To fight with the abovementioned challenges, the Islamic Republic Government of Afghanistan passed the Law on the Prohibition of Violence Against Women in August 2009. This law for the first time in Afghanistan considers child marriage, forced marriage, compulsory self-immolation and other 19 types of violence against women, including rape as a crime, and for those who commit imposed a penalty. Although the Law on the Elimination of Violence against Women is an essential step in the eradication of violence against women and girls, it does not help girls have access to education. In other words, the above law does not help girls and women in the fight against the rigid traditional norms and values that ban them from gaining education.
According to the Constitutional Law of the Islamic Republic of Afghanistan, education is the right of all citizens and is provided free of charge by the state. To this end, the government is required to design and implement effective programs in order to promote the balanced distribution of education throughout Afghanistan, to provide compulsory secondary education. This constitutional principle stipulates the need for access to quality and balanced education services for all citizens of the country, regardless of cultural, linguistic, ethnic, gender and physical status. Article 44 of the 2004 Constitutional Law of the Islamic Republic of Afghanistan specifically deals with the education of women. According to this principle, the government is obligated to plan and implement effective programs for the balancing and development of women’s education. Another part of the government’s obligation is to comply with a number of international treaties. These treaties include Third Millennium Development Goals and Education for All. Under the two treaties, the Afghan government is required to provide all children with access to primary education.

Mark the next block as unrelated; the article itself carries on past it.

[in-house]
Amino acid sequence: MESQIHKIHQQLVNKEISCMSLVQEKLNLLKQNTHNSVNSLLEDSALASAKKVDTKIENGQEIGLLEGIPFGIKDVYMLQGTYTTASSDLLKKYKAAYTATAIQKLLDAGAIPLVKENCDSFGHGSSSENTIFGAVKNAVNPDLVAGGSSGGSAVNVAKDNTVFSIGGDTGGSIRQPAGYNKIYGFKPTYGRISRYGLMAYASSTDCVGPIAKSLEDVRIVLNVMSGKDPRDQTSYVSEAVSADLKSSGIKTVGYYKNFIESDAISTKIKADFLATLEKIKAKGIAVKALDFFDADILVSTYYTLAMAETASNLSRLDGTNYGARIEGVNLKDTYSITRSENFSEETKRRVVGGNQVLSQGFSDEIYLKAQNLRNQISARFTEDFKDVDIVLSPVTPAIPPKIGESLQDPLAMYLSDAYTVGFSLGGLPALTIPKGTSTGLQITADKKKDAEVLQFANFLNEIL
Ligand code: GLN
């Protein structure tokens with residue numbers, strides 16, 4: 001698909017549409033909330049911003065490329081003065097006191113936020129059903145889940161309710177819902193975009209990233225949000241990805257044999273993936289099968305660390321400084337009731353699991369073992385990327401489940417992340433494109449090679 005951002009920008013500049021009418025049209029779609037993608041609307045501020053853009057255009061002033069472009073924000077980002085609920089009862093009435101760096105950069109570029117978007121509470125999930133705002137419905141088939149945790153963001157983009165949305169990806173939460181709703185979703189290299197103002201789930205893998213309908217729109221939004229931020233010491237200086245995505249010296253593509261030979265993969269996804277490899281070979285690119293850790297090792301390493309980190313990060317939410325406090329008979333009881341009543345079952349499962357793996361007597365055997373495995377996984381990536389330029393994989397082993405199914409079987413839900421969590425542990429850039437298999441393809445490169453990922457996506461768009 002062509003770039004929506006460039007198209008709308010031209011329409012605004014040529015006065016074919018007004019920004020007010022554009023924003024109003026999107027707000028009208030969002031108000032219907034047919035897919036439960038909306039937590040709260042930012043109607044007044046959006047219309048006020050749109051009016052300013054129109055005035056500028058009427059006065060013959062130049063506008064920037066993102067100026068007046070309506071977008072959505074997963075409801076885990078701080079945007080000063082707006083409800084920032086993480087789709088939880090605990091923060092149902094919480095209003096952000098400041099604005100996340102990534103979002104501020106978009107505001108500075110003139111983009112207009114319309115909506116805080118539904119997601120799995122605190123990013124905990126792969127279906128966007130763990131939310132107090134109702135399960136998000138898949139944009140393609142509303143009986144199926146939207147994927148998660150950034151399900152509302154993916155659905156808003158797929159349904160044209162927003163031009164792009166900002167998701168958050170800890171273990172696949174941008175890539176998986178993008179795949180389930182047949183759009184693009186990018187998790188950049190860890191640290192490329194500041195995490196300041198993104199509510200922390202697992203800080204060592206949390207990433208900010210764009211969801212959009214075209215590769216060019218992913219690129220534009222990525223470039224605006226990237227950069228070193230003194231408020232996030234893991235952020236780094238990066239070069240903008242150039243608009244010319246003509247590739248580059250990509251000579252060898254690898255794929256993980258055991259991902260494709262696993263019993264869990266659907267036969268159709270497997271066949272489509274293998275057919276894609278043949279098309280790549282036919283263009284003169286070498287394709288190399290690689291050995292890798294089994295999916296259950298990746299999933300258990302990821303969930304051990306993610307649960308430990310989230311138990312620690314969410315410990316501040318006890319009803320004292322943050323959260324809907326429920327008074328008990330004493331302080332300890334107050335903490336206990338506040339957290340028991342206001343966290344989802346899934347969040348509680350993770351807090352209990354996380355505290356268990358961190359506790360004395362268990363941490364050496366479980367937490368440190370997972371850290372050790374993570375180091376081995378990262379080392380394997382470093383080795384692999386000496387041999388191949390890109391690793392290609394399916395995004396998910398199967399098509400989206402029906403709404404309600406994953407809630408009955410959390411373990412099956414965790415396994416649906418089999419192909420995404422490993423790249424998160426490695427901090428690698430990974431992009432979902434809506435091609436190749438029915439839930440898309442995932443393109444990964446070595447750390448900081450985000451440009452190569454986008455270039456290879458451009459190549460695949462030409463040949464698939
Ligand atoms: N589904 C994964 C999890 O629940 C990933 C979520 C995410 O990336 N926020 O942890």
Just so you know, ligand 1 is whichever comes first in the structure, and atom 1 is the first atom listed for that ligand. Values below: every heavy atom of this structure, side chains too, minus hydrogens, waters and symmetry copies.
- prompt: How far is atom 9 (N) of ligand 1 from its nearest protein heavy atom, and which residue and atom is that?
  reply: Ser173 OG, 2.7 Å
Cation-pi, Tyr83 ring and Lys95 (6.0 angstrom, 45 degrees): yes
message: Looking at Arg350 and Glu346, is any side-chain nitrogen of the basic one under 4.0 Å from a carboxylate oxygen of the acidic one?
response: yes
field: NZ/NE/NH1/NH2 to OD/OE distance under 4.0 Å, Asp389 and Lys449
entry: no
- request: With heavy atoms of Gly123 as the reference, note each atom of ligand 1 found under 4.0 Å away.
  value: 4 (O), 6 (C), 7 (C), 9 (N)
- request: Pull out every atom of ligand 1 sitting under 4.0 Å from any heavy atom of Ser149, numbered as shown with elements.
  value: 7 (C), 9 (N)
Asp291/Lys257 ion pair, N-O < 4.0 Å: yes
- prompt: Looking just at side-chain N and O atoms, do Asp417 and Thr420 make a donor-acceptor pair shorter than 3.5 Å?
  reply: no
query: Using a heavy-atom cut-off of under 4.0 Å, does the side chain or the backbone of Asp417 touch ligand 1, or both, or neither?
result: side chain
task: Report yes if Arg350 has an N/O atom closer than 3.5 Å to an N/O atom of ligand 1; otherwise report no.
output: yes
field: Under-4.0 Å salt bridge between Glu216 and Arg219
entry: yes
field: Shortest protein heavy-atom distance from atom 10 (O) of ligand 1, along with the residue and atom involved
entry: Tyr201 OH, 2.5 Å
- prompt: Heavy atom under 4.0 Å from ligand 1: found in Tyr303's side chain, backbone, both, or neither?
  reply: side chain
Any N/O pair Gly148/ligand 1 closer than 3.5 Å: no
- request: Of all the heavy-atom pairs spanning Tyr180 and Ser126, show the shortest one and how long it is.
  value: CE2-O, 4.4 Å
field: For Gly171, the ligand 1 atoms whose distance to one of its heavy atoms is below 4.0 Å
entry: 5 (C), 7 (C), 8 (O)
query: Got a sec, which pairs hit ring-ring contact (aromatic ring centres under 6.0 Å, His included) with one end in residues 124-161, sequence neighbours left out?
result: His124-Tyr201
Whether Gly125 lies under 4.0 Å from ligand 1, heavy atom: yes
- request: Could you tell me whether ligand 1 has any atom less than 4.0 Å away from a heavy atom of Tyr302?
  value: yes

The Prevailing Challenges towards Girls’ Education
Early and Child Marriage: More than half of the girls in Afghanistan are getting married before reaching the age of 19, of which 40% are between the ages of 10 and 13, 32% at age 14 and 27% at the age of 15. The United Nations holds that seven million and 300,000 girls are getting married before reaching the legal age around the world every year, of which 12 percent are Afghan girls. According to the Afghan Independent Human Rights Commission, the main reasons for the rise of forced and underage marriages in Afghanistan are poverty, unfair socialization, insecurity, and the continuing impunity culture. But researchers argue that illiteracy is the main reason for child marriage in Afghanistan. So, as girls get married, they do not continue their education. When they are kept illtreated as their parents, their daughters encounter the same fate as they faced after getting married.
In a country where a third of the girls marry before age 18, the marriage of children leaves many girls out of education. The minimum age for marriage for girls is in accordance with Afghanistan’s Constitutional Law is 16. In practice, the law is less enforced, which is why most girls are married before the age stipulated in the law. The consequences of marriage for children are very detrimental and lead to the exclusion from education. Other losses due to child marriage include serious health hazards, including the deaths of girls and their children due to early pregnancy. Girls who are married at an early age may also be more likely to be victims of domestic violence than girls who are married at a later age.

Hamidullah Bamik is a Fulbright Scholar and Graduate Student in Educational Leadership and Policy Analysis, University of Missouri-Columbia, USA. he can be reached at hamidullahbamik@mail.missouri.edu